Top: Ralph Lauren's swift action after homophobic slur
PRWeek commends the fashion company for its swift and decisive response to a challenge that could have turned into a crisis this week.
Pro golfer Justin Thomas was widely condemned for uttering a homophobic slur, caught on microphone, during the third round of the Sentry Tournament of Champions in Hawaii.
Ralph Lauren, a sponsor of the US player, wasted little time announcing it had parted ways with him. The company's statement was a direct condemnation, with no sense of pandering to the sport star. It was also a re-statement of Ralph Lauren's brand values.
“We are disheartened by Mr Thomas’ recent language, which is entirely inconsistent with our values," the statement said.
“While we acknowledge that he has apologised and recognises the severity of his words, he is a paid ambassador of our brand and his actions conflict with the inclusive culture that we strive to uphold. In reflecting on the responsibility we have to all of our stakeholders, we have decided to discontinue our sponsorship of Mr Thomas at this time.”
For his part, Thomas didn't criticise the company's actions, focusing instead on his own stupidity. “They [Ralph Lauren] are a huge, huge global brand, and I have to respect their decision," the 27-year-old told the media. “I wasn’t disappointed, because I put them in a terrible position. I just was more upset."
Separately, the company made global news after it was revealed that Joe Biden wore a Ralph Lauren suit at his presidential inauguration on Wednesday.
The fashion-to-homewares business will be thrilled that this dominated coverage of its brand this week, having nipped a potential crisis in the bud.
John Harrington, UK editor
The Ralph Lauren Corporation is cutting ties with golfer Justin Thomas over his use of a homophobic slur.— CNN (@CNN) January 16, 2021
Thomas has apologized for the incident, which occurred at a PGA Tour tournament in Hawaii last Saturday. "There's no excuse," he said. https://t.co/qOGDejWuOP
Flop: Australian Open gets off to tricky start
Although tennis fans are very much looking forward to the Grand Slam tournament taking place from 8 February, having been postponed by three weeks from its normal place in the calendar owing to the COVID-19 crisis, preparations for this international sporting event got off to an inauspicious start.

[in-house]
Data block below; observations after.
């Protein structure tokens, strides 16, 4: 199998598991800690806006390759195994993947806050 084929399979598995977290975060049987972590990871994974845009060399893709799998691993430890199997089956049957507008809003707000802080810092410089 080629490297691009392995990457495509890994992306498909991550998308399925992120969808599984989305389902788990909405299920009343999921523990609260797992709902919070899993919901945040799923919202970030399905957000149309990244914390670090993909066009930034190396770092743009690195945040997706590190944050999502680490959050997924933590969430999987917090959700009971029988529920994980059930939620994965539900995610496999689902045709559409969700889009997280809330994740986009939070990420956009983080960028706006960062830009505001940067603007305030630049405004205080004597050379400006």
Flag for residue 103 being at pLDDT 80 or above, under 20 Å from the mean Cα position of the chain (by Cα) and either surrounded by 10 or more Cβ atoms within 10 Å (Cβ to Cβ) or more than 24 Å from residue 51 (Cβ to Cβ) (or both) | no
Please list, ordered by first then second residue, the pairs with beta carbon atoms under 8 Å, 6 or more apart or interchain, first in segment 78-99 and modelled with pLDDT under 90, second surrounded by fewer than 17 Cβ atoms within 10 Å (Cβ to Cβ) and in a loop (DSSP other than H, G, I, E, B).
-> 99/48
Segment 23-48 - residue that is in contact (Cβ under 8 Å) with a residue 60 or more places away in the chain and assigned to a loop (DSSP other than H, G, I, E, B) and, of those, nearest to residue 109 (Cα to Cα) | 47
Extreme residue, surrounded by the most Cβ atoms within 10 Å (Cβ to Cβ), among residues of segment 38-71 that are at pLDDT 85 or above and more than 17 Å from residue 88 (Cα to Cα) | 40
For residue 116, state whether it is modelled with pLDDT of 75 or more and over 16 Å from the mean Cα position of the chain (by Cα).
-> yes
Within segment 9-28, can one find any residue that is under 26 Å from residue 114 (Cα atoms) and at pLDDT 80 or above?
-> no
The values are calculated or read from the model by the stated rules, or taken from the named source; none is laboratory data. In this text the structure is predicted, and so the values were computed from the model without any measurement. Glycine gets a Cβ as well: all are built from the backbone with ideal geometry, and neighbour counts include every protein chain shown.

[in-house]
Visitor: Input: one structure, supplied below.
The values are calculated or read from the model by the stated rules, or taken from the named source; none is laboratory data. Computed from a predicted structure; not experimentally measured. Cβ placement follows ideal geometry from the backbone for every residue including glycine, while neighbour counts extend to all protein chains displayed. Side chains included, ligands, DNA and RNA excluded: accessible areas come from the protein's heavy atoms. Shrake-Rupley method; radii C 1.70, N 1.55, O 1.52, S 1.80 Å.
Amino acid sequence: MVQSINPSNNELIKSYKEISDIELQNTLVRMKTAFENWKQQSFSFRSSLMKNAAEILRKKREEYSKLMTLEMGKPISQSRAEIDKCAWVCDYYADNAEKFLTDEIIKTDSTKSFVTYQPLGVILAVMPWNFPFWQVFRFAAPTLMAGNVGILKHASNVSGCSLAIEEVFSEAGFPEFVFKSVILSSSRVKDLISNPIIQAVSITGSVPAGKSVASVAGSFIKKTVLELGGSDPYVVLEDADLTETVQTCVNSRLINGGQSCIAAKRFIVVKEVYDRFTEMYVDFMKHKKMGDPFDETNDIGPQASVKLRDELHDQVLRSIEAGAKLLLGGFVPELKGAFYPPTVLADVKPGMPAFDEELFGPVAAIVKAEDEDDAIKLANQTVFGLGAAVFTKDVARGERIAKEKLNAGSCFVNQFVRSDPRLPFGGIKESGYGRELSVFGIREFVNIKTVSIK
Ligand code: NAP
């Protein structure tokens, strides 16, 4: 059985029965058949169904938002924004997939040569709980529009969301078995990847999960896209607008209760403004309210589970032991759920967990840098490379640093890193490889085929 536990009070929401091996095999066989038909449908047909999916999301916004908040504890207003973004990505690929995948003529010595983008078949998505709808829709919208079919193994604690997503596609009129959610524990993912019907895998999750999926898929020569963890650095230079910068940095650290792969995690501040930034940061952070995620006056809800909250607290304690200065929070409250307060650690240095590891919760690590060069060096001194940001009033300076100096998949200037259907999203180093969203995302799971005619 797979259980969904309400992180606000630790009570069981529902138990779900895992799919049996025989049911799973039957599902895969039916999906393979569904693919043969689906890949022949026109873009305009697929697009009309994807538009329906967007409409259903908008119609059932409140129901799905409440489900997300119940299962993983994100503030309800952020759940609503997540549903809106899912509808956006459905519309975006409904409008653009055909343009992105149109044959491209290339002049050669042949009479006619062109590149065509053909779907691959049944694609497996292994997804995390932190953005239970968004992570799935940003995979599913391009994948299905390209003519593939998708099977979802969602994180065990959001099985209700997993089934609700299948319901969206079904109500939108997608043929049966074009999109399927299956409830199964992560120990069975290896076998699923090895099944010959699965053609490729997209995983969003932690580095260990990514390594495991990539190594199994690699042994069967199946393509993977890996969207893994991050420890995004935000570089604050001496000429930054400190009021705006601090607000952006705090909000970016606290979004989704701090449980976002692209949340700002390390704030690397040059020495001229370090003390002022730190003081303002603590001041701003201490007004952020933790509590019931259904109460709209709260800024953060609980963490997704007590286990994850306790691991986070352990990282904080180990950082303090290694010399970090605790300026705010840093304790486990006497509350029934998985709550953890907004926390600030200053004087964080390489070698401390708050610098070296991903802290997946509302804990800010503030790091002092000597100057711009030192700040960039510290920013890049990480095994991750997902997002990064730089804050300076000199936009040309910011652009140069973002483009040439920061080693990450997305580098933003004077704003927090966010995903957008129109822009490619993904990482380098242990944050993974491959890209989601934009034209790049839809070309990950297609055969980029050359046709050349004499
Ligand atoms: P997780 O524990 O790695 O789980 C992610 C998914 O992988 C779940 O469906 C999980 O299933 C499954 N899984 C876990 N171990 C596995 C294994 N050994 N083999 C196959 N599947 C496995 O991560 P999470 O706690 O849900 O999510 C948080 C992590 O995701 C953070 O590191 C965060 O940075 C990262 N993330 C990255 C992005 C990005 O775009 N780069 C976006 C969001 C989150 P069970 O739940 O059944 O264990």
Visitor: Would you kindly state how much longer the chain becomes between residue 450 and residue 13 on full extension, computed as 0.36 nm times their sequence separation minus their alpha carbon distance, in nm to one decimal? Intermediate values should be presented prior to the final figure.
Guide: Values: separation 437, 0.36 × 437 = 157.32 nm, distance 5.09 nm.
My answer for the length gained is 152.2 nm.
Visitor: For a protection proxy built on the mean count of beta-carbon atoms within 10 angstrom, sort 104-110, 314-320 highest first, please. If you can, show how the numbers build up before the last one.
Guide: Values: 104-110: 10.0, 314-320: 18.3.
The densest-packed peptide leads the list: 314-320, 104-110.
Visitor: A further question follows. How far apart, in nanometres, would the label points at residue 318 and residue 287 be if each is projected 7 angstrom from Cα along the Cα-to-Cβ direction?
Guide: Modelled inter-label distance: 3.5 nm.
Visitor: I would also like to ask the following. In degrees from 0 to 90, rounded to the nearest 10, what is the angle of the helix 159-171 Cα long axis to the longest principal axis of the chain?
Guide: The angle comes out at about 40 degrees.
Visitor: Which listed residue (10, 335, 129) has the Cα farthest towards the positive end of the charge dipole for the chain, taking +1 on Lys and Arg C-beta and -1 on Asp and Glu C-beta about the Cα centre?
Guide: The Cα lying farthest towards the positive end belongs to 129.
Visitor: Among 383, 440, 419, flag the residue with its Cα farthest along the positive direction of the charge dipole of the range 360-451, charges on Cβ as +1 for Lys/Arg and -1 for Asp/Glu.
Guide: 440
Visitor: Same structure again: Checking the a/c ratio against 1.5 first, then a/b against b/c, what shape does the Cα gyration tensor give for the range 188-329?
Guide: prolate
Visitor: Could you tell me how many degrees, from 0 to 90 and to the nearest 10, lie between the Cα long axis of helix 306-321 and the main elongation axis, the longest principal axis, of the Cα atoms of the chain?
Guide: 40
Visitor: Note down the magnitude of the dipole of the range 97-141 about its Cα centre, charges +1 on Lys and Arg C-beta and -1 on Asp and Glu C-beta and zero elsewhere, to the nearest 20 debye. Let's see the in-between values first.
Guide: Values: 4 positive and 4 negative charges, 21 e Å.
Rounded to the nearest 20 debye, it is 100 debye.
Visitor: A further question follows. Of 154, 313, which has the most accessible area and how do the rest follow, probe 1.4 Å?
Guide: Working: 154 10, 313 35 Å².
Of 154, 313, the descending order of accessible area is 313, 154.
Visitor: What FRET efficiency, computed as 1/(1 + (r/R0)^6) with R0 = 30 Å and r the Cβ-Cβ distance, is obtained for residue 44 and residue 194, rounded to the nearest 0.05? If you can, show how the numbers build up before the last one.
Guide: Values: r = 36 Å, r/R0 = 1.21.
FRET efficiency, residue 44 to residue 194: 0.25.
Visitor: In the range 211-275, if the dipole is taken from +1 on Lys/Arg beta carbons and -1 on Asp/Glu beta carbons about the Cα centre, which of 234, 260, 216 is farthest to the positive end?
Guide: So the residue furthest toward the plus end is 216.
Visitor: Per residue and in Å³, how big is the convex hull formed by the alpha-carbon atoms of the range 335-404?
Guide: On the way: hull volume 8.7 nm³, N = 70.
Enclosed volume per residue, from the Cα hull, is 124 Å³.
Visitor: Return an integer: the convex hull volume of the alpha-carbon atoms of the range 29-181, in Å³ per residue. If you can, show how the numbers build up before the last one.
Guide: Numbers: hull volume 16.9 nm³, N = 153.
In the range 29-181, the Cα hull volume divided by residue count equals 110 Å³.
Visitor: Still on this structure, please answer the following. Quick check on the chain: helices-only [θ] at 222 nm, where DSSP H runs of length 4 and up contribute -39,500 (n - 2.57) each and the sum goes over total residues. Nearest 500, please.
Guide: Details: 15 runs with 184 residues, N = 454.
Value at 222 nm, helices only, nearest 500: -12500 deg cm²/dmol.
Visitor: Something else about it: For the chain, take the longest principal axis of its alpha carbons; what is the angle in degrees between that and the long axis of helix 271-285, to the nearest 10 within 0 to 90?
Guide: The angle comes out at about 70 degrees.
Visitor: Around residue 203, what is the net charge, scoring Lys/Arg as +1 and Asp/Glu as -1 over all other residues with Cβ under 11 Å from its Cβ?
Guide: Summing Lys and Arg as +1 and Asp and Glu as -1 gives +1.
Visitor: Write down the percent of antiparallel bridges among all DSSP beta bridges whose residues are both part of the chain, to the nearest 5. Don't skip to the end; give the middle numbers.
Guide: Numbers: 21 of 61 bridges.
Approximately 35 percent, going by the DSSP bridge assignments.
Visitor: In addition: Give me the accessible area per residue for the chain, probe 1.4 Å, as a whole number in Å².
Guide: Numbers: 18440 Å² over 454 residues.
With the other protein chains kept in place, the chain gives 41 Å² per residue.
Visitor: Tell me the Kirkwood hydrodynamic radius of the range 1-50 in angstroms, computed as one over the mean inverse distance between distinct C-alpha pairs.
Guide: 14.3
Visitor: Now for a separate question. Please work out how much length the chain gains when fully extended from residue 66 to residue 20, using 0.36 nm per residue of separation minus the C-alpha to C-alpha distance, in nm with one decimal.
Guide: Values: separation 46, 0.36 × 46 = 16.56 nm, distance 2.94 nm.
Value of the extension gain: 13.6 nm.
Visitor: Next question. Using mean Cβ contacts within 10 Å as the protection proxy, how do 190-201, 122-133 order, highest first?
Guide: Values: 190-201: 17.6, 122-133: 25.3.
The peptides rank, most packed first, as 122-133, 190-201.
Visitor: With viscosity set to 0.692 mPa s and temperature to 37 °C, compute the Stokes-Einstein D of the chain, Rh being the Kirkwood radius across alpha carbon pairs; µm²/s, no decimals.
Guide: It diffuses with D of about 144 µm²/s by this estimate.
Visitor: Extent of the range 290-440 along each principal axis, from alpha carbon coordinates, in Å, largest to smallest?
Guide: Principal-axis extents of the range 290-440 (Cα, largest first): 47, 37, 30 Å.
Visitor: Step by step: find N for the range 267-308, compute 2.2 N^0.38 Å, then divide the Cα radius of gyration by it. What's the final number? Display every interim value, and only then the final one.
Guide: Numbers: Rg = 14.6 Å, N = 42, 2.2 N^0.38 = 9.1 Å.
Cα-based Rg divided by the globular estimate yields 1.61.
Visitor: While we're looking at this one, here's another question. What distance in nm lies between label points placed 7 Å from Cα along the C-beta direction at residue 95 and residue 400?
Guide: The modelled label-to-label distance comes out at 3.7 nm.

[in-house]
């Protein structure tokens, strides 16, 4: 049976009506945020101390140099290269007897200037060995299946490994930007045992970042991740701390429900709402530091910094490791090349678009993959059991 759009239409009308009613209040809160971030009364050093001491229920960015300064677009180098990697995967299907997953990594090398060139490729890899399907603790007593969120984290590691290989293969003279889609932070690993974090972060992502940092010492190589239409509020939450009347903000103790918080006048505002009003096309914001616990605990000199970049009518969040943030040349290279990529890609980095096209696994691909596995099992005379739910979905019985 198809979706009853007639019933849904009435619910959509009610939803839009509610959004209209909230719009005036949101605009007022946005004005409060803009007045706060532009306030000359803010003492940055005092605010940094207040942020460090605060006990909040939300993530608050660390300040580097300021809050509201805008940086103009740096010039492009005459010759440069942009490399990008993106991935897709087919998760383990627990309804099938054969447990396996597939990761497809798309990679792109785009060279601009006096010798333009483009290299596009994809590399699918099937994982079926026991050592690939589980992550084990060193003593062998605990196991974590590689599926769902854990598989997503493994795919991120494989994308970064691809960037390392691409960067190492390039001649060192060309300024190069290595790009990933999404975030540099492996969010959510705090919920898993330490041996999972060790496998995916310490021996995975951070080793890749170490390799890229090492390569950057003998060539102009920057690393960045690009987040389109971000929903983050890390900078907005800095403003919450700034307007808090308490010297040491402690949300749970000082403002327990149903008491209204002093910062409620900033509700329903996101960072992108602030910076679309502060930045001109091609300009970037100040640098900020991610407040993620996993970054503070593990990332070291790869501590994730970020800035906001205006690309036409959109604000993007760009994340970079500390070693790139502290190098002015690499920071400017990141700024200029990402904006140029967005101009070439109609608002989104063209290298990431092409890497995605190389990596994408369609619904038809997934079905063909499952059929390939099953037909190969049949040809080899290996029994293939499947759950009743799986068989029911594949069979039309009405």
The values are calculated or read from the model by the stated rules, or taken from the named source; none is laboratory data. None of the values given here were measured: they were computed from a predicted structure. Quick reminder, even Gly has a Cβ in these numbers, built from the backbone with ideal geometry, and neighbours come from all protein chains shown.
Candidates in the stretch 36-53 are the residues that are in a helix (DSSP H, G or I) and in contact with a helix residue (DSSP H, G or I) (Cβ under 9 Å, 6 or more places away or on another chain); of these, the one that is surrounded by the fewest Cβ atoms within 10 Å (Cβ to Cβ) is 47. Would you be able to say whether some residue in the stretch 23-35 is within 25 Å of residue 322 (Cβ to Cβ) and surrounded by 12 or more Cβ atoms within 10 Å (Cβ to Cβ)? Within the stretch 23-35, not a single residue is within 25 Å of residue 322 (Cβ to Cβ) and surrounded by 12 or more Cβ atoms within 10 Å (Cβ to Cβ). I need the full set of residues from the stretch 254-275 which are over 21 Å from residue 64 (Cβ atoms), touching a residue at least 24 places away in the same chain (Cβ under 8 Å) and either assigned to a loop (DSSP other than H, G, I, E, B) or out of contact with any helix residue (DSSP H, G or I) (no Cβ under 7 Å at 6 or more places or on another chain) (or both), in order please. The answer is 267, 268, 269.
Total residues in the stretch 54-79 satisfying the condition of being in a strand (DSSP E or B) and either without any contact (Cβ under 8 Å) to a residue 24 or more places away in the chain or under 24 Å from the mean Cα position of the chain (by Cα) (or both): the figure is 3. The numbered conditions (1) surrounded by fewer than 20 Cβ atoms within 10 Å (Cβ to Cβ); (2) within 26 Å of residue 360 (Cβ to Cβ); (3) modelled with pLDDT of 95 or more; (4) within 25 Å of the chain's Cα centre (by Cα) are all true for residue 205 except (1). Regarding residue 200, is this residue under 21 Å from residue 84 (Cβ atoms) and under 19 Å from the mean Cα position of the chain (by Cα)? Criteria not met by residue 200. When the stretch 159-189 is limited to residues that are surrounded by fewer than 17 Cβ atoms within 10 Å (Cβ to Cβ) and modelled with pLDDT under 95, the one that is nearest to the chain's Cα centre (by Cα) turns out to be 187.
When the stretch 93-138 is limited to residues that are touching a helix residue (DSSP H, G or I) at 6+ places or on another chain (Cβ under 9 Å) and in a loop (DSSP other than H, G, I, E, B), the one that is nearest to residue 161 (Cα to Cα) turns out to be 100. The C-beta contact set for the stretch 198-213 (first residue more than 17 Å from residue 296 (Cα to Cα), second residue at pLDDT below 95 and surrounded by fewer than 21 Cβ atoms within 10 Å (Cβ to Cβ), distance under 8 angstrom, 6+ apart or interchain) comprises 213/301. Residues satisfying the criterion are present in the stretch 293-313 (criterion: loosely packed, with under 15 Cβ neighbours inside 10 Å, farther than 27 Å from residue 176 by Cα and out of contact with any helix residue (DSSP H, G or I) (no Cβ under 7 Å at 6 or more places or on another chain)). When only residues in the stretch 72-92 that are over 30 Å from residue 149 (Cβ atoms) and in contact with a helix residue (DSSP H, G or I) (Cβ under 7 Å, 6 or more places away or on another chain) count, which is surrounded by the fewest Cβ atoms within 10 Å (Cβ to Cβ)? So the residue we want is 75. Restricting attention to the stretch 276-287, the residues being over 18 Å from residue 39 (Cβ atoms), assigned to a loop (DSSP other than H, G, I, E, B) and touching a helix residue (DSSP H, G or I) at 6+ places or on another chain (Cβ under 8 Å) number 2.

To their surprise and horror, about 70 of the competitors – nearly a quarter of the complement – have been forced into two weeks of strict quarantine in their hotel rooms after a series of people on their flights to Australia tested positive for the virus.
These athletes were expecting quarantine but also expected to be able to train, not realising that any positive tests on their flight would result in them being so restricted. They now fear their performance at this major tournament will be hampered by the lack of preparation time, and claim they weren’t fully warned about the risk of this happening.
Tennis Australia has hit back, saying that this was always in the small print of the players' invitations to attend. And the Australian public has criticised carping players who they believe do not appreciate how strict the rules are in a country that has been highly effective in tackling the virus through measures such as closing borders and implementing hard lockdowns.
Laying the tennis stars open to particular ridicule, world number one Novak Djokovic made a series of unrealistic demands on behalf of the quarantined players, while Bernard Tomic's girlfriend Vanessa Sierra appeared in a video blog moaning that she was not used to washing her own hair – although she later insisted this was a joke.
The situation has not been a great look for Tourism Australia either, as quarantined players have complained about their rooms and the quality of the food provided. Even worse, a couple of players have posted videos and photos showing infestations of mice in their rooms.
Of course it might eventually be ‘alright on the night’ for this usually brilliant tennis event. So far, however, few parties have exactly enhanced their reputations.
Danny Rogers, editor-in-chief